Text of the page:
The Personalist Project

I used to be a serial guru follower. Not back when I was five or six and my parents were flirting with Eastern religions--I was just a mother-and-father follower in those days. Wherever they went, I followed (and they went all over the place, both geographically and religiously. Eventually we all became Catholic and stopped switching allegiances.).


No, I mean that as an adult, I used to search for gurus who would help me stay afloat as a child-rearer, a cook, a manager of money, a grownup human being. (Later I searched for homeschooling gurus and writing gurus.) At the tender age of 25 I abruptly became a homemaker (or began trying to); at 26, a mother. My cluelessness was unmistakeable, and the obvious solution seemed to be finding a leader to follow. For some reason I assumed I ought to pick one and stick with him or her. it didn’t occur to me that I could pick and choose elements of one person’s system and combine them with elements of someone else’s.


 I obeyed the doctor who oversaw my first pregnancy, too, with a kind of reverential awe which with hindsight looks exaggerated and misplaced.


People make the same assumption sometimes in the spiritual life. They glom onto a pastor, a writer, or even a saint, and set out to obey his every directive. If the chosen guru falls into scandal or under the sway of a bad idea, they either defend him to the death, refusing to see the obvious, or else throw out the baby with the bathwater, abandoning the good along with the bad and the ugly.


I feel free to pick and choose now, and it bothers me surprisingly little when I find that someone who’s been helpful to me has objectionable ideas, too. When Dave Ramsey, whose money advice is mostly commonsensical, made a crack in which he seemed to be blaming parents of large families for their poverty, it didn’t send me heading for the hills. Marla Cilley, without whom my housekeeping skills would be 100% instead of 75% abysmal, has a sentimental streak that is wholly alien to me, but she’s still uniquely gifted at what she does. I’m not going to throw out my timer and my routines in horror just because we’re something short of kindred spirits.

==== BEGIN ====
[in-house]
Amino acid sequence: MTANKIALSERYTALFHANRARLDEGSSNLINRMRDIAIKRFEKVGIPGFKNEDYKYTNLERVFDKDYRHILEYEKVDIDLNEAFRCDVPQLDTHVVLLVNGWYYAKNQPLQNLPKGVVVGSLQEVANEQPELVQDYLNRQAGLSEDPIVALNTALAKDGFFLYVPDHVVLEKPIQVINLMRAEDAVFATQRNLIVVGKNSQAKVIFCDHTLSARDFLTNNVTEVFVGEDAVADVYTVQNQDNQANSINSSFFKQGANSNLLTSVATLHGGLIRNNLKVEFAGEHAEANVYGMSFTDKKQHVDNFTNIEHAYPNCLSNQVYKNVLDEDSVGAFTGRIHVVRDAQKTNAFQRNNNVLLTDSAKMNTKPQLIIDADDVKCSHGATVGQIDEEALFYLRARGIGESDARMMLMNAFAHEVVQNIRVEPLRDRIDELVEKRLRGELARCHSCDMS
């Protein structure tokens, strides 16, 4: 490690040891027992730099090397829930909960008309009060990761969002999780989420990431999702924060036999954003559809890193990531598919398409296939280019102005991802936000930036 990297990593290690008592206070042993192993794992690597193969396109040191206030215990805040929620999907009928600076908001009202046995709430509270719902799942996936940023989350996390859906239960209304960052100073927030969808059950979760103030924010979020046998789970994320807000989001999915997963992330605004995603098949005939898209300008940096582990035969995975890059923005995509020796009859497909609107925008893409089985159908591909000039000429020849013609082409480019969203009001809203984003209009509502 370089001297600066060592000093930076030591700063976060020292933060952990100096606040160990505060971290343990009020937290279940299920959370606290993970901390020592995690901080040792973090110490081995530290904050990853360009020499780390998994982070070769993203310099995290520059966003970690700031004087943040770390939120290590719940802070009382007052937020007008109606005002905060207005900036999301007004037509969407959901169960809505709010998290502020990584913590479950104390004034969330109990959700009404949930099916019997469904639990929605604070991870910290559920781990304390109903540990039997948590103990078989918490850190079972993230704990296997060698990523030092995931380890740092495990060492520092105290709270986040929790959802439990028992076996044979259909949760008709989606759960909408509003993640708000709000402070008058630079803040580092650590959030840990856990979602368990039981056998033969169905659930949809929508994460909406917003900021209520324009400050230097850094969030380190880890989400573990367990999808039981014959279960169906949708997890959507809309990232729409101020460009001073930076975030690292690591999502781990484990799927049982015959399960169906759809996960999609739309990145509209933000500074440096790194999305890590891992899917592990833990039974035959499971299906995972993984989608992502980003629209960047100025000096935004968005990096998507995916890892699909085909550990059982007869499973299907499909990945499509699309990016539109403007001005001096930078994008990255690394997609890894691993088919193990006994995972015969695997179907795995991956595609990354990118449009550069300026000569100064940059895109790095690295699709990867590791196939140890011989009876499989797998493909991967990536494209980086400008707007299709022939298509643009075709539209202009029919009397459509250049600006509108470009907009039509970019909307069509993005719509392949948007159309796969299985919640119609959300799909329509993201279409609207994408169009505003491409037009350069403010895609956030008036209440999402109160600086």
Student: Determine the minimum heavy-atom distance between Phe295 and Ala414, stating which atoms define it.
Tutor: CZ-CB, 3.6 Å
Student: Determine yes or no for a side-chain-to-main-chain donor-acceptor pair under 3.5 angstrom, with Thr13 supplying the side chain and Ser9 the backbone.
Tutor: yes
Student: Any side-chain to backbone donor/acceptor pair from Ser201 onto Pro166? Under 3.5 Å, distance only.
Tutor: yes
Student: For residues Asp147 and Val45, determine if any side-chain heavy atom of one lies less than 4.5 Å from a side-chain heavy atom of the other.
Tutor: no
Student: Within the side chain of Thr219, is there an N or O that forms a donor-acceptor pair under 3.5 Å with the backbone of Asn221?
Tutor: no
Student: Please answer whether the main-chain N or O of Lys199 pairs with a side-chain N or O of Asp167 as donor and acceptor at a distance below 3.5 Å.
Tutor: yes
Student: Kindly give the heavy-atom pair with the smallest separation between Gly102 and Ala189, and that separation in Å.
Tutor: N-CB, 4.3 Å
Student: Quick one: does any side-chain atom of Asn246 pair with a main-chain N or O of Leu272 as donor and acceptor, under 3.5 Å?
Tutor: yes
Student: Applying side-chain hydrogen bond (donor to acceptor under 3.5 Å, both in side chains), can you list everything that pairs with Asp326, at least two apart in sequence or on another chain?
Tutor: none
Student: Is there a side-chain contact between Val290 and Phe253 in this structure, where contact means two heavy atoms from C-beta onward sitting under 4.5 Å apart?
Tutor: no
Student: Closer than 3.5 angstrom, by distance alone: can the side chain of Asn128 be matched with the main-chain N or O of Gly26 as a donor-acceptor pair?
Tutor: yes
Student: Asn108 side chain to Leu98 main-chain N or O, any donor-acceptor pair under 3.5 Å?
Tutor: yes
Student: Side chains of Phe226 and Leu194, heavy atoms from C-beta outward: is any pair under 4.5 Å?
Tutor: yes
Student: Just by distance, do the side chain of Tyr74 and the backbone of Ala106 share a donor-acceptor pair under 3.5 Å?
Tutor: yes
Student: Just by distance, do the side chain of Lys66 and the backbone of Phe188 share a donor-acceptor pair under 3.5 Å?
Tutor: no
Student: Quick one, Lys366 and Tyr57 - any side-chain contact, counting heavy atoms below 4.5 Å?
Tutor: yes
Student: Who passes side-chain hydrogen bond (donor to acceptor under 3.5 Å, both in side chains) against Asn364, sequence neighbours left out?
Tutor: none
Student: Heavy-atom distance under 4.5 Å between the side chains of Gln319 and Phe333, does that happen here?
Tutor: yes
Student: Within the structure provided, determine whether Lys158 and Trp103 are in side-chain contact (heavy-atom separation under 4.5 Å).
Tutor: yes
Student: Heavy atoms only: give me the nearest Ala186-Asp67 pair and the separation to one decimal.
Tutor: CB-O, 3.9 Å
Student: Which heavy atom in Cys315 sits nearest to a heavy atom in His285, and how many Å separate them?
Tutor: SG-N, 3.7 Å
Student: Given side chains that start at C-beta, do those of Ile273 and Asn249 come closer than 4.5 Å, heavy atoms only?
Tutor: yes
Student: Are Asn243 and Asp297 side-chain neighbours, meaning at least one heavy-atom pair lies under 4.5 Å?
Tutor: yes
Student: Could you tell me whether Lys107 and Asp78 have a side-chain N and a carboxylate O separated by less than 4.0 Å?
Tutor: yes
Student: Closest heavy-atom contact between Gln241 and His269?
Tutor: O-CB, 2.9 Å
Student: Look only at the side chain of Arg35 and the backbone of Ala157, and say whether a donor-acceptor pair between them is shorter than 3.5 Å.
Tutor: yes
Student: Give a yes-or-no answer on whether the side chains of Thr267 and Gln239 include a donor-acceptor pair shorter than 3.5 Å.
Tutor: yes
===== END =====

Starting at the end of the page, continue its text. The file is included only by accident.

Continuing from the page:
I’m trying to remember why I used to take such an all-or-nothing approach, and to understand why other people do. Maybe we realize that you can’t pick and choose when it comes to truth or morality,


so we assume there's something wrong with doing so in other areas. It can seem disloyal, even if it's really not, to pick and choose when it comes to patriotism and family traditions. Maybe that fear slips in to judgment about other subjects. Maybe, too, it’s sheer inertia and fatigue, or sloth. It would certainly be easier to just locate a single leader and follow him, relieved forever after of the weight of discerning for yourself what to do, or communicating with God about your decisions. 

Maybe it's insecurity and inexperience: that was me as a new mother. Or sometimes it’s an attachment, like a crush: not the romantic kind, but the fleeting excitement of believing you’ve encountered the one, unique figure who will singlehandedly lift you out of all your problems and lead you to happiness.

But at best, it's an abdication of responsibility; at worst, it can slide into idolatry. The world needs mentors, and it needs heroes to admire, but it's better off without gurus.

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Comments (1)

Gary Gibson

#1, Nov 9, 2014 5:42pm

A very good observation, Devra - one that most of us have to learn (again and again).  I absolutely love the music of Keith Green, whose anti-Catholic sentiments surprised most of my Christian and Catholic friends alike.  I said "I buy his music, not his theology".  Every human being has something good to offer us - even if they are heretics or "anti" something important to us.  It takes many of us a long time to realize that we have the capacity to sort out the things that other people present to us.  Take what is good and leave the rest.

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